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|Tonyaa J Weathersbee||
I almost didn't make it to Charlotte.
True, I reveled in witnessing history in 2008, when Barack Obama accepted the Democratic
nomination for president of the United States. The atmosphere at the stadium in Denver crackled with the excitement of being the place where a significant
barrier had been broken: A black man was now a major party's contender to lead a nation in which black people had originally arrived on its shores in
But after four years of seeing Obama battle lawmakers determined to make him fail,and after seeing how much he had to prove to a short-sighted electorate that likely won't weigh his major accomplishments - like killing Osama bin Laden and saving General Motors - against the backdrop of that opposition and the attempts to paint him as alien and non-American, I wasn't so sure I needed to go to see how people might have soured on a brother who failed to live up to the outsized expectations that they often have of African-Americans.
But so far, no regrets.
I'm glad I got to see the diversity of speakers - ranging from the Alabama-accented Lilly Ledbetter to fiery Massachusetts Gov. Deval Patrick and San Antonio Mayor Julian Castro, who reminded me of Obama at
the 2004 DNC. (I was there too). And I was especially proud when First Lady Michelle Obama laid out her life with her husband not as some fairy tale or folksy yarn, but as a life filled with the struggles and triumphs experienced by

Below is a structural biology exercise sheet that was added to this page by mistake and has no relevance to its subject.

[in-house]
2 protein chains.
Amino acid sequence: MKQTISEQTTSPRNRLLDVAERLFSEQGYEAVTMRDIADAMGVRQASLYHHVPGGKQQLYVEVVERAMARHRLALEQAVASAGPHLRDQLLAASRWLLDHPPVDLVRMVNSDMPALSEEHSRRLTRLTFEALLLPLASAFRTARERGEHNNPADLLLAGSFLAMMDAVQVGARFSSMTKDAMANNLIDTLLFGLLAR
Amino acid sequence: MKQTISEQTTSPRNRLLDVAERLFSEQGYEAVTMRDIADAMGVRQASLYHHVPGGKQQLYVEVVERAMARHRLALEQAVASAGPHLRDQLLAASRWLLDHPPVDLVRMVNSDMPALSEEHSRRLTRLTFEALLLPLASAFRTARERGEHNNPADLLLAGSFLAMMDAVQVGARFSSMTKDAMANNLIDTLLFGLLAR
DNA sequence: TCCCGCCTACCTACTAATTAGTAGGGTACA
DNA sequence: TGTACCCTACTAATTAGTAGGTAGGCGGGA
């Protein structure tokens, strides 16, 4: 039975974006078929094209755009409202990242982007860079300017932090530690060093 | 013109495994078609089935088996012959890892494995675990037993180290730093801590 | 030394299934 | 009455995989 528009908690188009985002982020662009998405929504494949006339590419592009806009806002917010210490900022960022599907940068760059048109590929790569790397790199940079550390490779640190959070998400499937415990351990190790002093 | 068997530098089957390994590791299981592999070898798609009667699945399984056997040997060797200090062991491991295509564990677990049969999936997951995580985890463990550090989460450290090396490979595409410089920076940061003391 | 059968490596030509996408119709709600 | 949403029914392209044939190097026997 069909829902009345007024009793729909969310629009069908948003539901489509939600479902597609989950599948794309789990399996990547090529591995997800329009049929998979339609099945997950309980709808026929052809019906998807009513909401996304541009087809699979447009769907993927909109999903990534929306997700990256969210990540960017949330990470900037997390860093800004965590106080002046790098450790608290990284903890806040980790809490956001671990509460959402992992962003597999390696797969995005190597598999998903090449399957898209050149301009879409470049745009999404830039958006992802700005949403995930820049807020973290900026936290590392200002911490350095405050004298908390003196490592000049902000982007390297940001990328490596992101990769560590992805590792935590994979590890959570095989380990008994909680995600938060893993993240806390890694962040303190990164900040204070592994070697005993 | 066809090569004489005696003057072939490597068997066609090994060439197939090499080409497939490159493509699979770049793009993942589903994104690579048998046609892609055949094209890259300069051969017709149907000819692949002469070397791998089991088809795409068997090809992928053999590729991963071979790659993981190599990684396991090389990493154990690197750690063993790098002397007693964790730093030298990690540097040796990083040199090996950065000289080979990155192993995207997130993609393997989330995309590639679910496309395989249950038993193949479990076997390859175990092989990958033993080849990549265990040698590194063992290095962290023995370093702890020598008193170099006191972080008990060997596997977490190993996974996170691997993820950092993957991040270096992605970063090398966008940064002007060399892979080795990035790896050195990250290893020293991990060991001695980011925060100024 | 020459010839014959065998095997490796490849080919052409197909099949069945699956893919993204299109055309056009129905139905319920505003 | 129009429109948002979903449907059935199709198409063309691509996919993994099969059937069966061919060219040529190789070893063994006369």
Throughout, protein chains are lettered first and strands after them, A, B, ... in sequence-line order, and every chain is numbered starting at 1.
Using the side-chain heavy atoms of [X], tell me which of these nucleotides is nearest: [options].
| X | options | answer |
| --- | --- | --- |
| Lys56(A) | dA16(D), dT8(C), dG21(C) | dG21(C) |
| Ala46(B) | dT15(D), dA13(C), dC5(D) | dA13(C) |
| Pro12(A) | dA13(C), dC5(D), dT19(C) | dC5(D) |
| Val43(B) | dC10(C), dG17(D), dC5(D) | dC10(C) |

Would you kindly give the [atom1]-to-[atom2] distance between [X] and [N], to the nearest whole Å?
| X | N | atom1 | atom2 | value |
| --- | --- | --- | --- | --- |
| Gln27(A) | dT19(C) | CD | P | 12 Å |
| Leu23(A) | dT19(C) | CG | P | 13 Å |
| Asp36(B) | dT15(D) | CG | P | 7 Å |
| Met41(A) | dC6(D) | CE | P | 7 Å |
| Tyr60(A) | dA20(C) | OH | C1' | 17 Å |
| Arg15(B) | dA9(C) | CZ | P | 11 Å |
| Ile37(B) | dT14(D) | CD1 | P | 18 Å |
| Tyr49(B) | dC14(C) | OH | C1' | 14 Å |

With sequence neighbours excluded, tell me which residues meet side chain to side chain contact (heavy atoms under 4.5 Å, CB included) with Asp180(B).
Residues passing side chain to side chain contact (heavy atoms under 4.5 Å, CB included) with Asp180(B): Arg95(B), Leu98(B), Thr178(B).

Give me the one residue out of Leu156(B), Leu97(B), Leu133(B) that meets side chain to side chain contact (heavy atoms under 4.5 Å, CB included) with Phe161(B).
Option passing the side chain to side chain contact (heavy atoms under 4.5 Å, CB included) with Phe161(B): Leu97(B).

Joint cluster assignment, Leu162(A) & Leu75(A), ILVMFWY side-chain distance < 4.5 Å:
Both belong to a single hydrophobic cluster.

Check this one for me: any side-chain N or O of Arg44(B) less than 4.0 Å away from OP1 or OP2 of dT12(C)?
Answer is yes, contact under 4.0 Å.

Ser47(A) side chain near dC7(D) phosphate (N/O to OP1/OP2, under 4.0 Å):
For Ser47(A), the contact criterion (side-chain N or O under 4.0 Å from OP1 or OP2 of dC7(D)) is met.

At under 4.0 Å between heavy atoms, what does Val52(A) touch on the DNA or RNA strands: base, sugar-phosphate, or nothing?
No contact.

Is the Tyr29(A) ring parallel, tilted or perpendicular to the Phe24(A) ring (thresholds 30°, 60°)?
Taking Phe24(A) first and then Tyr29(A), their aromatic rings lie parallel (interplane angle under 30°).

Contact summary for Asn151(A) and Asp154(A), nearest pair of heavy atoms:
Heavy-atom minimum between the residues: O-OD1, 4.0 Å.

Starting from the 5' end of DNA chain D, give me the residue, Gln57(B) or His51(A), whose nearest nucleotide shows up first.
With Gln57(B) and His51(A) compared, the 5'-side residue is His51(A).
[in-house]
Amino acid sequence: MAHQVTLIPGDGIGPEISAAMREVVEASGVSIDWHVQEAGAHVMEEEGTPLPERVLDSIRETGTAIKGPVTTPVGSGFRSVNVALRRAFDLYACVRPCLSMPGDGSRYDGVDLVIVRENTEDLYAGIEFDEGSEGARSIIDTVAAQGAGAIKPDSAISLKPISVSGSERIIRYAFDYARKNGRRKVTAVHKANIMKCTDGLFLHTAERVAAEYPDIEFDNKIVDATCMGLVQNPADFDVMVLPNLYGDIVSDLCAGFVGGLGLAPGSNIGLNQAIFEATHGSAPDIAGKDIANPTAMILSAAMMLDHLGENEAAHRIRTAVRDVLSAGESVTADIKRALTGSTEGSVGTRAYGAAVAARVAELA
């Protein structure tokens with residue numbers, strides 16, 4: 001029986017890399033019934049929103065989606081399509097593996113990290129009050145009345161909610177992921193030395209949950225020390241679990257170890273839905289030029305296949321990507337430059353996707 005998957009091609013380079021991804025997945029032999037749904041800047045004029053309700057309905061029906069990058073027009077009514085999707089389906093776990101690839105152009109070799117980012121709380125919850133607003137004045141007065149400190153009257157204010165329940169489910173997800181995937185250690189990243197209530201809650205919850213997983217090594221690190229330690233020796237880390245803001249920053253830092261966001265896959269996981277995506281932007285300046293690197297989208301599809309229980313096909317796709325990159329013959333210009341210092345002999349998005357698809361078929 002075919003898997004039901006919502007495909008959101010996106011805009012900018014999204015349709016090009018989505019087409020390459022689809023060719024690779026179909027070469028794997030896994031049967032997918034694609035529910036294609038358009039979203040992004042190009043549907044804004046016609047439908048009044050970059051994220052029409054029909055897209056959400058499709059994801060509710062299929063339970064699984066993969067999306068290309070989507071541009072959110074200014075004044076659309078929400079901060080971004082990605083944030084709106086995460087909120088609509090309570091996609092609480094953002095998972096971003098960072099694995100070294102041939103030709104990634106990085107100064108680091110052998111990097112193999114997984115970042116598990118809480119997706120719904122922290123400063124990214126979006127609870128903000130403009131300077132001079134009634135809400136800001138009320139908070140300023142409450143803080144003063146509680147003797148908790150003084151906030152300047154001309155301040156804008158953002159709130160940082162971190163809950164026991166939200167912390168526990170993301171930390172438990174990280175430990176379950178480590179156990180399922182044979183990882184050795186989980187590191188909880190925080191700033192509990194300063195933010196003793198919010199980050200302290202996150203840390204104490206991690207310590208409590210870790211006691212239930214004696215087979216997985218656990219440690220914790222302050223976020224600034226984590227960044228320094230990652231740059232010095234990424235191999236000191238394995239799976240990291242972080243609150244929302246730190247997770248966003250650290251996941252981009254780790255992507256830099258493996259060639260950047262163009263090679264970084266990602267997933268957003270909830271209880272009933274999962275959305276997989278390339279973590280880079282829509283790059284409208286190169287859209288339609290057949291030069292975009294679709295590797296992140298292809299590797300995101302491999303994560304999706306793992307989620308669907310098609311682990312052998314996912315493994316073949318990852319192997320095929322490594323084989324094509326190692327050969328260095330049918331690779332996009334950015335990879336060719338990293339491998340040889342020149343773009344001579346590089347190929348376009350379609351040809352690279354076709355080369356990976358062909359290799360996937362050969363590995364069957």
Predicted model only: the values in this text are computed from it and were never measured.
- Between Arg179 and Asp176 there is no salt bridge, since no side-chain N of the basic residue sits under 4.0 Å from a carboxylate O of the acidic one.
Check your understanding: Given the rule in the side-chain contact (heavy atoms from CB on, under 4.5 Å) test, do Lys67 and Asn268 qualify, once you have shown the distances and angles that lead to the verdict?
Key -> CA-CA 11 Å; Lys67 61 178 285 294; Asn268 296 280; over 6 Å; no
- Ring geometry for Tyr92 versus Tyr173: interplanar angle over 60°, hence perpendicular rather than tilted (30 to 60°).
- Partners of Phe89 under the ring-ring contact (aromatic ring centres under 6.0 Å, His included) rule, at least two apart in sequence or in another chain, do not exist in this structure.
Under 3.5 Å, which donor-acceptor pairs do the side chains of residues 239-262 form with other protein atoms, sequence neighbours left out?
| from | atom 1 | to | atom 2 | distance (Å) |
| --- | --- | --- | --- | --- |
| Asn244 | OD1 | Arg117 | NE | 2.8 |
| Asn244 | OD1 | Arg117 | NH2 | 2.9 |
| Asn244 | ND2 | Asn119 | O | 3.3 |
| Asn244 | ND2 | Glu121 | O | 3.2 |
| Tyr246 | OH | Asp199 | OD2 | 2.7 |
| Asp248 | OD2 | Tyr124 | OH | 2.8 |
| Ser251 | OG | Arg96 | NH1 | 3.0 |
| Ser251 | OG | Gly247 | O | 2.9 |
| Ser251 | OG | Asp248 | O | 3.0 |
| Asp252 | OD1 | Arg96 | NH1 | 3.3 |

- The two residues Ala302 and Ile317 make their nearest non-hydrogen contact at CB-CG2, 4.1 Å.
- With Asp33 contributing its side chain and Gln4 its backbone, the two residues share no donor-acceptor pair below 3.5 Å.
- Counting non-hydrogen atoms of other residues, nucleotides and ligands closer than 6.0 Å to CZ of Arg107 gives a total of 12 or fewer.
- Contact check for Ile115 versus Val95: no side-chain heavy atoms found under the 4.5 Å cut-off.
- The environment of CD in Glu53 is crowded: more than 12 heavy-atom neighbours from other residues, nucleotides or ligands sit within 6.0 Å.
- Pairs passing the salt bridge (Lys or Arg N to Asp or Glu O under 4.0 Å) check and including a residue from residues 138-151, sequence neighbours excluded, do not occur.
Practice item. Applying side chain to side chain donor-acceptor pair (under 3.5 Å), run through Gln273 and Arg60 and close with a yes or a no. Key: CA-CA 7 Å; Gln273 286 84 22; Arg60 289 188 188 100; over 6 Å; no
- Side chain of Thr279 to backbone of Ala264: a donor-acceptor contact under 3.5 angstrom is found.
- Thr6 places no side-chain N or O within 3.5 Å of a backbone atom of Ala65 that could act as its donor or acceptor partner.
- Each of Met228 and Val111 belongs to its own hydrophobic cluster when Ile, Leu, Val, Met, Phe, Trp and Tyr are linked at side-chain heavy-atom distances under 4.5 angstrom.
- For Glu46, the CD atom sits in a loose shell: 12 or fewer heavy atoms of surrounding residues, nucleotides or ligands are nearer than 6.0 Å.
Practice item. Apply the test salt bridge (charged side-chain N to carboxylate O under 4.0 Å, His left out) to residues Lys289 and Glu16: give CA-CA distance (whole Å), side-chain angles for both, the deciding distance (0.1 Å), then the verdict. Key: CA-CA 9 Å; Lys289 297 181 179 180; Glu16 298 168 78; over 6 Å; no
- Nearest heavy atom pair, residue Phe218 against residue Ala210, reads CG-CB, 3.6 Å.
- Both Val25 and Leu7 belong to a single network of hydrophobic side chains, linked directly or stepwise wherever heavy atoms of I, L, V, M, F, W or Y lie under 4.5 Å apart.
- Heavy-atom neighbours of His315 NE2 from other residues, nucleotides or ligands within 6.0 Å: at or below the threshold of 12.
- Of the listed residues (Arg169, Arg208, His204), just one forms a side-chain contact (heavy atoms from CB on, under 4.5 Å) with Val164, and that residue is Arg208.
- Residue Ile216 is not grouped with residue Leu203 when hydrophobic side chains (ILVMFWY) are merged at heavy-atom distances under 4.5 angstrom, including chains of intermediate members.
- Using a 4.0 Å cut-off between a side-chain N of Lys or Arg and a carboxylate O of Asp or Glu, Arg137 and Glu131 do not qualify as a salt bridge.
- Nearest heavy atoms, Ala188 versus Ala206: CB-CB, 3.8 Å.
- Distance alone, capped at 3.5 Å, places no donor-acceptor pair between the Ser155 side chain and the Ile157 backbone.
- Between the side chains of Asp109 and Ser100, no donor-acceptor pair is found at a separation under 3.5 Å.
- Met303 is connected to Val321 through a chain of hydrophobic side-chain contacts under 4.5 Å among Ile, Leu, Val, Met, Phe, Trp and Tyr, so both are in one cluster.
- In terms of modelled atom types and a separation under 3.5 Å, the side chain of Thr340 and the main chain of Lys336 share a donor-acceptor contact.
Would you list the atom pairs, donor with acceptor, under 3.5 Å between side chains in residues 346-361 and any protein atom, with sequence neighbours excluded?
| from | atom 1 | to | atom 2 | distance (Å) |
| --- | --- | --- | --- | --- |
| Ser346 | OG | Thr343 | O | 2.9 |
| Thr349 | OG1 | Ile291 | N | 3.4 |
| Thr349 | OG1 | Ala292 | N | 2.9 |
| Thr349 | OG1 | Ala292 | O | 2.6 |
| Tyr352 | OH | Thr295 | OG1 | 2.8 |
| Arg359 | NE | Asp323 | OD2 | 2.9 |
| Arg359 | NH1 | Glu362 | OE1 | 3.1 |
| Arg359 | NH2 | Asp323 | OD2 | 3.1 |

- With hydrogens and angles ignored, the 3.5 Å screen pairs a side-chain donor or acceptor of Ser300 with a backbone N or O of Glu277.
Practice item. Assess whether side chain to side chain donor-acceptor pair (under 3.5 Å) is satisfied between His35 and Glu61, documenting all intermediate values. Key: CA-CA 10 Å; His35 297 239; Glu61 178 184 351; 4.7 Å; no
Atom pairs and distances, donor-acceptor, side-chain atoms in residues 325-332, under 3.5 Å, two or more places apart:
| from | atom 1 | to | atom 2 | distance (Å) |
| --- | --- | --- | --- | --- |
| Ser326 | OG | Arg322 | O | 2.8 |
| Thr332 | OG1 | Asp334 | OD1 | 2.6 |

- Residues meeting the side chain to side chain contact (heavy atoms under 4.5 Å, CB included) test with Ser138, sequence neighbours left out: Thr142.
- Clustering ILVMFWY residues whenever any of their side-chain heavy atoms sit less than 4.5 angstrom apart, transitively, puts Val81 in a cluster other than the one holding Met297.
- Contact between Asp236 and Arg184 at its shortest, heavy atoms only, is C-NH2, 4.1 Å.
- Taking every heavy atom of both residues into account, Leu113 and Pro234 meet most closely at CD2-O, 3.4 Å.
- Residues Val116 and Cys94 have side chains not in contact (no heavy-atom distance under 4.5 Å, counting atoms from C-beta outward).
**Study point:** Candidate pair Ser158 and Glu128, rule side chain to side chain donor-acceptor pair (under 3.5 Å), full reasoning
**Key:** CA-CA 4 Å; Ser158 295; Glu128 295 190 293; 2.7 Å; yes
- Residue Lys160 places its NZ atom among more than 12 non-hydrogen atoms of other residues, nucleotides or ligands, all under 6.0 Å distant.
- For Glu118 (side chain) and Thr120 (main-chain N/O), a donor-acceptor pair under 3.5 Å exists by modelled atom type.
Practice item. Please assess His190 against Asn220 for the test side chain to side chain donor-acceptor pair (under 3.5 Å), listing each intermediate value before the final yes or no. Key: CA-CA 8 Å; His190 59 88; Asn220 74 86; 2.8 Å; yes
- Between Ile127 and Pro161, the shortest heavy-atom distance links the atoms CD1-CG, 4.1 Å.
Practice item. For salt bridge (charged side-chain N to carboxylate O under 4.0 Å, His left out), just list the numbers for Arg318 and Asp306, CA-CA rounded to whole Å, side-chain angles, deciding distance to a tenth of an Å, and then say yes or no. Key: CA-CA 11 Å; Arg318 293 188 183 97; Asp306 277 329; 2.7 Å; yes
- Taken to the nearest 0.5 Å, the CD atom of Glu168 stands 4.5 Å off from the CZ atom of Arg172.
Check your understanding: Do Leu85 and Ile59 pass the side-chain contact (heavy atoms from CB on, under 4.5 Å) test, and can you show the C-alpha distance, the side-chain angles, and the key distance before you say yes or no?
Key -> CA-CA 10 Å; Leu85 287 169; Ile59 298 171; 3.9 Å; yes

Americans who aren't born rich, but who understand the importance that opportunity plays in lifting everyone to prosperity.
That, to me, is the real United States.
Not the United States out of a 1950s black-and-white television show where, in real life, the only things black
and white were separate toilets and water fountains. And certainly not the United States that the lily-white crowd at the Republican National Convention longs for; a place ruled by hypocrisy, sanctimony and stinginess.
So by being here, I'm not simply witnessing history. I'm seeing the future.
As it unfolds.
Just four years ago, the United States shook up the world. It elected its first black president.
It happened. In my lifetime. One that began in the years when black people were simply fighting for the right to vote, period.
Barack Obama's 2008 victory wasn't just a reflection of the will of the electorate, but a glimpse into the future; a future in which the U.S. will be browner and blacker. A future that we ought to be preparing for.
Yet it only took three months after Obama's election for the screaming to come from those who want to take the country back to its past.
Way back - back to the 19th century.
Since then we've had:
What's bad is the Republican Party's willingness to stoke such divisiveness in order to
What's worse is that this isn't new.
In his 1995 groundbreaking book, Nixon's Piano: Presidents and Racial Politics from Washington to Clinton, author Kenneth O'Reilly writes about President Richard Nixon entertaining the Gridiron Club, a mostly-white group of media honchos, at the White House in 1970.
Most of the entertainment revolved around a piano routine, with him and Vice President Spiro Agnew singing and trading darky banter that, in essence, celebrated his Southern Strategy.